Well, if you are looking for a home remedy for an "acquired" ailment (possibly involving a swab and penicillin) you are probably looking in the wrong place. This might be more applicable: Clap. Now if you don't actually have a "burn," you might be more interested in knowing how your Buckeyes are going to fair next year. With the annual NFL exodus and graduations, there are questions up and down the Buckeyes roster and as a result no one can really pinpoint how good or even average this team will be.
The spring game is by no means an indication of this team's potential, but it can really indicate who has had a good spring in practice. This can give you a leg up on your guesses at Ohio State's two deep going into the season and moving forward. So without further ado, here are my five burning questions, the answers to which, in my opinion, will determine whether or not the Buckeyes will compete for a BCS Bowl for the fifth time in six years or whether they will compete for anything at all.
How do you replace a Heisman Trophy winner? With a grey shirt freshman of course. Yep you read that right, Ohio State actually has a guy that was "grey-shirted," although the 23 year old Boeckman could potentially collect social security before the season ends, this alone does not guarantee him the job. What does give him the leg up is that he already has four years in the program and two years of eligibility left.
Boeckman is a lot different than Smith. At 6'5" 230 pounds, Boeckman is more of a pocket passer but I am not completely sold on his arm. In spring scrimmages thus far he has primarily thrown to running backs and tight ends and has not looked particularly good throwing down the field. I would have to say that he is the front-runner for the job right now, not only because of his seniority but because of Rob Schoenhoft's play this spring.
Schoenhoft has not looked impressive at all this spring. Schoenhoft threw three interceptions in the last jersey scrimmage (in just eighteen attempts). To make matters worse, two of those three picks came on horrific throws that not only lacked accuracy, but they also lacked the requisite common sense that Jim Tressel demands out of the position. Going into spring practice, I thought that Schoenhoft could potentially win the job from Boeckman this year, but I have serious doubts now.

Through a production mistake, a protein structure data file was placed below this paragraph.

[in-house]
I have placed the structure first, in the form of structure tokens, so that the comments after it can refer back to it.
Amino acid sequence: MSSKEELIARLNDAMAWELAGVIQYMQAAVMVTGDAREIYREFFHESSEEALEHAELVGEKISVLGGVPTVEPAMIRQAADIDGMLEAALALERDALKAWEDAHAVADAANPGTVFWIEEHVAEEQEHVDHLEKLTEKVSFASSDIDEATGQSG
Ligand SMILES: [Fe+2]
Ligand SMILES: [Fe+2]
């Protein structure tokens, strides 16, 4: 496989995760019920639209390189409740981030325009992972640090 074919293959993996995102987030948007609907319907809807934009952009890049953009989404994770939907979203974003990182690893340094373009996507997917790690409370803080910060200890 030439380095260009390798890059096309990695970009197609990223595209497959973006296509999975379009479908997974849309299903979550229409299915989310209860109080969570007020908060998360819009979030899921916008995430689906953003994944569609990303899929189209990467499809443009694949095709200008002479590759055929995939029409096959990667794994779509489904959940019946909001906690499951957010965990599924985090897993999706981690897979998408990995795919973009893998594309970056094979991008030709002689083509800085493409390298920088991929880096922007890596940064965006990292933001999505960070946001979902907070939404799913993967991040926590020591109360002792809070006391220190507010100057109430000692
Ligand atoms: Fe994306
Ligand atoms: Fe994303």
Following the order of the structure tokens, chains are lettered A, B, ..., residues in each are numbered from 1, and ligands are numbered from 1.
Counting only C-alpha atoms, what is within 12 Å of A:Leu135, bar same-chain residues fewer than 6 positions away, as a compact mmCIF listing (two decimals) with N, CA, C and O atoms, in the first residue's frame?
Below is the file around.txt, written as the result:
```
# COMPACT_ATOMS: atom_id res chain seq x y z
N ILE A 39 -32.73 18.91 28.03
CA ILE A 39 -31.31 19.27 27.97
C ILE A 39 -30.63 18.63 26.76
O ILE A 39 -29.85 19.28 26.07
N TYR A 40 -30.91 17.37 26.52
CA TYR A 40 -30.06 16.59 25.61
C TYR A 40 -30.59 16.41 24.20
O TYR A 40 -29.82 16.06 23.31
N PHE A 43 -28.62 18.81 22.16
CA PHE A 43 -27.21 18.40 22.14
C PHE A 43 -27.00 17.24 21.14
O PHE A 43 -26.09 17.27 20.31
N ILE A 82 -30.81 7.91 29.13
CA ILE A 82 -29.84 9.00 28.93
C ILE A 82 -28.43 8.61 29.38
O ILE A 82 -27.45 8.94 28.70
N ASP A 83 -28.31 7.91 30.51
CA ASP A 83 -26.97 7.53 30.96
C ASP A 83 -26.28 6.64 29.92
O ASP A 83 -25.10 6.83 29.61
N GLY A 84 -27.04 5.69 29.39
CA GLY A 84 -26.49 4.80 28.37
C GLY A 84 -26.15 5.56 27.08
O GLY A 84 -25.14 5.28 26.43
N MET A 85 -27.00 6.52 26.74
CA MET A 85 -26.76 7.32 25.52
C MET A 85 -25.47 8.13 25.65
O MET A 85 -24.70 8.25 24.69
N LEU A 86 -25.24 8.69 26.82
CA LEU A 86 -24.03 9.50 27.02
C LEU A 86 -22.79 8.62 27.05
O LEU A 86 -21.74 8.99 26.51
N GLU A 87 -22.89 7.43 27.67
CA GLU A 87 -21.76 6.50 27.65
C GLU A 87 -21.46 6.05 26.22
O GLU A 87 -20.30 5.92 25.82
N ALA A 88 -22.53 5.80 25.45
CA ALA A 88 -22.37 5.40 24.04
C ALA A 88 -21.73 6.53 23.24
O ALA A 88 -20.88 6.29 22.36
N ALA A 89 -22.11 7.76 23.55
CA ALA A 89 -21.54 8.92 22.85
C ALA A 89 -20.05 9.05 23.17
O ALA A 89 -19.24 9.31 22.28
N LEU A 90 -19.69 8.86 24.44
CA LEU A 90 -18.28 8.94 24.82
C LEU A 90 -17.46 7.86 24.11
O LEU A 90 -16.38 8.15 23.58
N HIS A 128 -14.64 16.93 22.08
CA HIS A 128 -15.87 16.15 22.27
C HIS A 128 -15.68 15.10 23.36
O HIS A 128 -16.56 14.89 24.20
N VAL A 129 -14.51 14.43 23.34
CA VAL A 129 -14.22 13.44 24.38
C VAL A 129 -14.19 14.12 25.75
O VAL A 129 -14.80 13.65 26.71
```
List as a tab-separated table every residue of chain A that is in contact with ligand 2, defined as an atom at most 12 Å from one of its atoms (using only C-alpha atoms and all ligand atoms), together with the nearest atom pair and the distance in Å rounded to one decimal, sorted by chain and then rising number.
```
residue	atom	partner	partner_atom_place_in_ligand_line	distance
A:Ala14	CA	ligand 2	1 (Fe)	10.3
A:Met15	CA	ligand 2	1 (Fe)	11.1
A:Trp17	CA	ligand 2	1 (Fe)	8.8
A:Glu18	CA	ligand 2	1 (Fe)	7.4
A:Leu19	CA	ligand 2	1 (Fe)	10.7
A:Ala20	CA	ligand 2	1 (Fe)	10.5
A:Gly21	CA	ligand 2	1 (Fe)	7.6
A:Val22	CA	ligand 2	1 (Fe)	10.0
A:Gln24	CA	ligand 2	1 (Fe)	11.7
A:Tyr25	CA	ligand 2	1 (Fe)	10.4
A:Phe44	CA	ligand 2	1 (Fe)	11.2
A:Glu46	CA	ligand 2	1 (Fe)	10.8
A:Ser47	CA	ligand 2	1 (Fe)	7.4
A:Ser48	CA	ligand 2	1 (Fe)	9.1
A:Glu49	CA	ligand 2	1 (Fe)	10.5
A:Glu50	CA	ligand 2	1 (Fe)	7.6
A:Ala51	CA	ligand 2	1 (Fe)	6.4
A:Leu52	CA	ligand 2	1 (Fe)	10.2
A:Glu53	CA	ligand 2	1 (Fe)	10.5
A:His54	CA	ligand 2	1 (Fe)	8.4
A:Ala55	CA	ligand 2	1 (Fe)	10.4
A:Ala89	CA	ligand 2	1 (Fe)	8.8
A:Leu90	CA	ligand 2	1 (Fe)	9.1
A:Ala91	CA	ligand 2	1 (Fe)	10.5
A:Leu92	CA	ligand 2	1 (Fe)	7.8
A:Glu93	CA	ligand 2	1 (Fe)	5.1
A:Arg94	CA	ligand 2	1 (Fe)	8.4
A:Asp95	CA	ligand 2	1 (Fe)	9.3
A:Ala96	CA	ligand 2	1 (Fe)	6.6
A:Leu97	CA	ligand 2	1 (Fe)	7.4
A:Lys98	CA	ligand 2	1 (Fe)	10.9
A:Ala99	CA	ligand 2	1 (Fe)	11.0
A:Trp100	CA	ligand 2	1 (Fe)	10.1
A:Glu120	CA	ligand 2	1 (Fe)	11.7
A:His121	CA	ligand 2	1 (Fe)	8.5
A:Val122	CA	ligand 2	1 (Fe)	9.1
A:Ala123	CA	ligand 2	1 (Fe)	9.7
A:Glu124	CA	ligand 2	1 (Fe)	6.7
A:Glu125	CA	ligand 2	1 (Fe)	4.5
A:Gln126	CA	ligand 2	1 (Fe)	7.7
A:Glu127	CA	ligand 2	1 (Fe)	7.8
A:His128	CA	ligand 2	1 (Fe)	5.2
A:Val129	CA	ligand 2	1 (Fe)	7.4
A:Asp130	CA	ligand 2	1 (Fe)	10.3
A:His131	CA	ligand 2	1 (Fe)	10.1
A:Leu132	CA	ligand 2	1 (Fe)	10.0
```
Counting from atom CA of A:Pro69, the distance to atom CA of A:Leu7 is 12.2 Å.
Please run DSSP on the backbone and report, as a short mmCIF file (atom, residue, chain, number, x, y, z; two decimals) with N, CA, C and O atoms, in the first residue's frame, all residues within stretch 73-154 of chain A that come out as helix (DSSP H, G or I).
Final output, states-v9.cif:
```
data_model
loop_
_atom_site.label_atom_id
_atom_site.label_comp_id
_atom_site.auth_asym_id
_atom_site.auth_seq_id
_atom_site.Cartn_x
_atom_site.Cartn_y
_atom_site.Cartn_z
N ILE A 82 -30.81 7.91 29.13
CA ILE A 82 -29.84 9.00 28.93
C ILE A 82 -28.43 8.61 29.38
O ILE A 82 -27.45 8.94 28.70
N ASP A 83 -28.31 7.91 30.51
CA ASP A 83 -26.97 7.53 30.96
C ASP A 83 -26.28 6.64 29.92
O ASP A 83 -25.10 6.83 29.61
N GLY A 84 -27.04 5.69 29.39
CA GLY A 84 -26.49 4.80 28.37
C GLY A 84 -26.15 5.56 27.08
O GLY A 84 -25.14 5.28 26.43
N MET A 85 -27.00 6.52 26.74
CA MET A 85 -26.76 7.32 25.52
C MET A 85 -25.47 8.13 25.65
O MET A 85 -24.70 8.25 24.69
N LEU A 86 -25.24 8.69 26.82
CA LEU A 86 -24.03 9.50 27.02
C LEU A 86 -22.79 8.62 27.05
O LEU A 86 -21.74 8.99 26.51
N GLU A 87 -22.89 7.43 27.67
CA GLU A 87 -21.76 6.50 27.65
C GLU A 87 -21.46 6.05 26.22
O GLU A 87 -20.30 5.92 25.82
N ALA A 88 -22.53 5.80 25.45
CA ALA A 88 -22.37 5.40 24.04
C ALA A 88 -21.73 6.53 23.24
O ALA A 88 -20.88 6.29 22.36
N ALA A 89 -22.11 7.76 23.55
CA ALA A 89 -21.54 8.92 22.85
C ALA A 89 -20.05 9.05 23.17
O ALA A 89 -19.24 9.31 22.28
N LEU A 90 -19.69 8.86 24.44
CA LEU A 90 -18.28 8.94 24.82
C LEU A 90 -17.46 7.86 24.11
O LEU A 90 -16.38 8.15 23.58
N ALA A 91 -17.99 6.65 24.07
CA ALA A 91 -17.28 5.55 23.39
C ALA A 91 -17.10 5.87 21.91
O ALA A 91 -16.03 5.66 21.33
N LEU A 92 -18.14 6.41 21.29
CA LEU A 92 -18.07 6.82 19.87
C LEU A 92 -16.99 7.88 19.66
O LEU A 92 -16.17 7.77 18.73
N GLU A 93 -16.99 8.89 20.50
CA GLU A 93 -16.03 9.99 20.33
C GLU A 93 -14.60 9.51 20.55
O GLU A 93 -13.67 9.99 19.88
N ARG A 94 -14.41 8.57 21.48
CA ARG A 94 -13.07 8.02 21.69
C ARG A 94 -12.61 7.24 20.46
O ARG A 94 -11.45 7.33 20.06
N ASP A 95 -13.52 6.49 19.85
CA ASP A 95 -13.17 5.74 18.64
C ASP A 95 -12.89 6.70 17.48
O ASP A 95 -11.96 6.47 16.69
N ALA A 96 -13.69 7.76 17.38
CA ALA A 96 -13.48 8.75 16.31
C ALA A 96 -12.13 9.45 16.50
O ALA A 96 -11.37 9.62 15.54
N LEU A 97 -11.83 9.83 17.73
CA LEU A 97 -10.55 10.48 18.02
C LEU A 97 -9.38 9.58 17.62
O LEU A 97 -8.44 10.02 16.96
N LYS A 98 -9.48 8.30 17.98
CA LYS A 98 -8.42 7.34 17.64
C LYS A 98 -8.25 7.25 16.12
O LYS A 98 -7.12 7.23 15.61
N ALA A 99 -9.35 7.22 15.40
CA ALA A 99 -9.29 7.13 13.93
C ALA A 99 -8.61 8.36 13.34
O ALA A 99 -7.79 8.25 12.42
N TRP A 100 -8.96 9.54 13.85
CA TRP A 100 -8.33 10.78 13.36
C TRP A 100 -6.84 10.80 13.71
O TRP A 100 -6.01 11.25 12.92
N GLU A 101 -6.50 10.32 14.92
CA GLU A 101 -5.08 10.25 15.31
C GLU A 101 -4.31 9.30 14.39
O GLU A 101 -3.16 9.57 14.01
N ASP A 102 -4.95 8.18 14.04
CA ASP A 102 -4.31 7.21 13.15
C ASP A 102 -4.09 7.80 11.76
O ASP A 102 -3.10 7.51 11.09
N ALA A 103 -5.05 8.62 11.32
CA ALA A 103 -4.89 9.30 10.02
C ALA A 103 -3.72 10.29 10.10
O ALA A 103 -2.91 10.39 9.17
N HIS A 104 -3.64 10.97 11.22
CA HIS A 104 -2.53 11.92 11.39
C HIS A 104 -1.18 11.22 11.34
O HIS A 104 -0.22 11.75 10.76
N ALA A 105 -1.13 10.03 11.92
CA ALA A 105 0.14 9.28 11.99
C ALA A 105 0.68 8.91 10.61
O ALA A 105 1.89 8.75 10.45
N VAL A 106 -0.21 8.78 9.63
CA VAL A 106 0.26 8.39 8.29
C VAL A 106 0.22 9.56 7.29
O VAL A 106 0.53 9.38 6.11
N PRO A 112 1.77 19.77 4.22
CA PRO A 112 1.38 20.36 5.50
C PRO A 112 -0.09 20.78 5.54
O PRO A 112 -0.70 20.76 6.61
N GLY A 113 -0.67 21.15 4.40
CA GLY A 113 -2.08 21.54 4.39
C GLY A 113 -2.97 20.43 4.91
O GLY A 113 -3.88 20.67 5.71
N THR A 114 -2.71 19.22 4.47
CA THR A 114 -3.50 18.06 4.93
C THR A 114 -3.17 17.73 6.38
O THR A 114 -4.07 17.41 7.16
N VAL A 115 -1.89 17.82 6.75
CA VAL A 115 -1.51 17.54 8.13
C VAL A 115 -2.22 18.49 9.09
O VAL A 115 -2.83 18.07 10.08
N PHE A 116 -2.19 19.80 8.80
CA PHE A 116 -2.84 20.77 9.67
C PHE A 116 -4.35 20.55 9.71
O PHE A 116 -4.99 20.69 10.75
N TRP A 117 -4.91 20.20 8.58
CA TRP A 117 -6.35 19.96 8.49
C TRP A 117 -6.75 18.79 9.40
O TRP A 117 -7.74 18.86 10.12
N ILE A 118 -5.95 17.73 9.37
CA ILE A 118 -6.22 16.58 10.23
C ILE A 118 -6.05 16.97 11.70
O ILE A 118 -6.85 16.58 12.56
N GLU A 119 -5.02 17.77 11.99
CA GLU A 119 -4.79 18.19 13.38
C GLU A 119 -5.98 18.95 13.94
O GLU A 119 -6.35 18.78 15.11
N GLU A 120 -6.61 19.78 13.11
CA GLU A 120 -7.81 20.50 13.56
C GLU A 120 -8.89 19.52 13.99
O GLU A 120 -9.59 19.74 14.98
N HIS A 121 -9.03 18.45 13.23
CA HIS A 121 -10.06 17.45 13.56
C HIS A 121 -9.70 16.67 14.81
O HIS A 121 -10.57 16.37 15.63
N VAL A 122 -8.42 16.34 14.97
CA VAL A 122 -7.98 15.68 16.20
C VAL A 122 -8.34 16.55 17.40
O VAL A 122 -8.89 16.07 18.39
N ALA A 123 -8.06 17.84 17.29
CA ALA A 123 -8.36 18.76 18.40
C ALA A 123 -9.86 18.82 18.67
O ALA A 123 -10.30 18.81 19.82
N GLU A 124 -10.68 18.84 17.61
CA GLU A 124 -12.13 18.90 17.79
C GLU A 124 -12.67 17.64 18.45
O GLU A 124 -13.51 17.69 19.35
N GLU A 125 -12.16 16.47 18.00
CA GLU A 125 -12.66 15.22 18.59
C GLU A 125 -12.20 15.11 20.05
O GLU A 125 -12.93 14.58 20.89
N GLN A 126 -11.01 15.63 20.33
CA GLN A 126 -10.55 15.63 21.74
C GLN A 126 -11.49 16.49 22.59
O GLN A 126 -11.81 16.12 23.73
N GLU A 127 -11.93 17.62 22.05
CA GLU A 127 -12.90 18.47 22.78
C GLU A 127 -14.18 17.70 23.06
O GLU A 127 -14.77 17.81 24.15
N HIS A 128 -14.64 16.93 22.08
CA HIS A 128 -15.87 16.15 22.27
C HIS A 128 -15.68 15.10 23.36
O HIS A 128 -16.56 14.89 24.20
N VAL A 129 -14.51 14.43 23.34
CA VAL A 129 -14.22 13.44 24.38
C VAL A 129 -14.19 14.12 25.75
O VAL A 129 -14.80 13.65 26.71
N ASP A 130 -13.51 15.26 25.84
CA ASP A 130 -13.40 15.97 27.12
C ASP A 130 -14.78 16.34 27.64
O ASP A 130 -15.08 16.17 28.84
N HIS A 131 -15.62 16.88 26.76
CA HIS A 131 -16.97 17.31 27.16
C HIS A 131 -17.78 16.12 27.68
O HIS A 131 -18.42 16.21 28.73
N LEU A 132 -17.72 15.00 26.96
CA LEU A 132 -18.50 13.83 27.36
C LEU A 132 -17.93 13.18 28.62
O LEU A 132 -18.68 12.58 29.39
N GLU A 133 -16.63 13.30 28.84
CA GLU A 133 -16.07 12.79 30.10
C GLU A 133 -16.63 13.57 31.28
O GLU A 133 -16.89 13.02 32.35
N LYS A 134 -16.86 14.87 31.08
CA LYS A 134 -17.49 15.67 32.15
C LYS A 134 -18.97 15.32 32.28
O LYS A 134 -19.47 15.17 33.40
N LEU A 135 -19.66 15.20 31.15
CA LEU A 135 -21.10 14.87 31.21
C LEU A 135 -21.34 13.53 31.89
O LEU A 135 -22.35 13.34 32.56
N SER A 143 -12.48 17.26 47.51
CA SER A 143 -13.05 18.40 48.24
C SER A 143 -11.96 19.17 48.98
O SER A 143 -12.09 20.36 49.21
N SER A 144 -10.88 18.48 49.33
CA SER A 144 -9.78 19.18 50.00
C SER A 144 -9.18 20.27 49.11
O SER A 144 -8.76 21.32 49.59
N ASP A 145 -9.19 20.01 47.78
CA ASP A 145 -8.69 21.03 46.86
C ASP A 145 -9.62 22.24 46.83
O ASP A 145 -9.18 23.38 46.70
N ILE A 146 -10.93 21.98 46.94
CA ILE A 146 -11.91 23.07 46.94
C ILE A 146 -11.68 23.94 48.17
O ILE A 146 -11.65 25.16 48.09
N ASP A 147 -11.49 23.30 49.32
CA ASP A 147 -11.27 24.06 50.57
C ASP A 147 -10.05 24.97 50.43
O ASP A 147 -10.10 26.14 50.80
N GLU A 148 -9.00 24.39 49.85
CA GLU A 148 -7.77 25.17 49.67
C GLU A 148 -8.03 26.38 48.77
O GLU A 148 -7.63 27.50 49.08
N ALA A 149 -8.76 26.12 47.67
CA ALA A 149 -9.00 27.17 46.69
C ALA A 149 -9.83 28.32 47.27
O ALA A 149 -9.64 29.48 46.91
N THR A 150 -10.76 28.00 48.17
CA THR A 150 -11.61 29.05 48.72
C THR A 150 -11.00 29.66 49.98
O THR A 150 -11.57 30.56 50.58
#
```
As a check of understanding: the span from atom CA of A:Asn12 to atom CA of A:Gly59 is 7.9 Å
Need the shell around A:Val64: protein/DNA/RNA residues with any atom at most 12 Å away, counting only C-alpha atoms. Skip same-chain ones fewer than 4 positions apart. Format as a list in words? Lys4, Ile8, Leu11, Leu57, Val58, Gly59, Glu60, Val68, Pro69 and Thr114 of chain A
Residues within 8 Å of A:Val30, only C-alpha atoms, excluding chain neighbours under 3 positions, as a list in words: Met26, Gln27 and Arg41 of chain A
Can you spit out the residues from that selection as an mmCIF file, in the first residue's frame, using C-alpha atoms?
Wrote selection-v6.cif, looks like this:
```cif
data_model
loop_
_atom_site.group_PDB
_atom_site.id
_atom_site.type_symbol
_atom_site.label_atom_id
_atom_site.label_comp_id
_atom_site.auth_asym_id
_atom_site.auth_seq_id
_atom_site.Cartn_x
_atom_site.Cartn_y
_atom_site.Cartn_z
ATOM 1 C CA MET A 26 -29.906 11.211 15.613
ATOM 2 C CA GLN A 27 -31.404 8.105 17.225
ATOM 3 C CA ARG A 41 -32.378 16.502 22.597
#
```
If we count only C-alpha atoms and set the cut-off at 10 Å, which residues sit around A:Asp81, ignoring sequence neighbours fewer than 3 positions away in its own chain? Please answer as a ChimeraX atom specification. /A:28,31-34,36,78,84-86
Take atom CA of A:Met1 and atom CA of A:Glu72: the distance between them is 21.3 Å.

Neither Boeckman nor Schoenhoft has looked particularly impressive this spring, and that has led many Buckeyes fans to call for Antonio Henton to get a shot. Henton has probably looked better than the other two, but I am not so sure if that is a product of his play or the absolutely horrid play of the other two. In the end, I am not sure if Henton is the second coming of Troy Smith as many, including Henton himself, are claiming.
Who in the hell is going to play DT this year? Patterson, gone. Pitcock, gone. Penton, gone. Well, that means all three of Ohio State's most game experienced DTs are gone. Who is going to step up and play? In typical Jim Tressel style, I expect it to be done by committee at the beginning of the season. The front-runners for the starting slots are going to be Denlinger and Worthington, but I expect to see a lot of Dex Larimore and Nader Abdallah early on as Tressel looks for the best combination inside.
There was rampant speculation early on that Robert Rose may move to " three-technique," but that seems to have subsided. Ohio State is very deep at DE and it would make sense in the absence of players to move a guy to fill the void, but I am not convinced that Ohio State has an absence of talent at DT nor that Rose, at 6'5" would be able to get his pad level low enough to play with the leverage of an effective tackle.
I have been very high on Larimore since Ohio State recruited him, and I am calling my shot right now, Larimore will take over the starting job next year. Every word uttered about Larimore since spring practice began scream the same thing, this kid is an animal. The offensive linemen have been telling coach Tressel that Larimore is a "load," and he is already drawing comparisons to Tim Anderson.
How do you replace a first and second round picks at WR? You don't and you can't. Robiskie and Harline are not slouches by any extent of the imagination and Ray Small should be more than able to pick up the slack in the return game, but you just cannot replace the game experience, speed, athleticism, and leadership of two three-year starters at WR.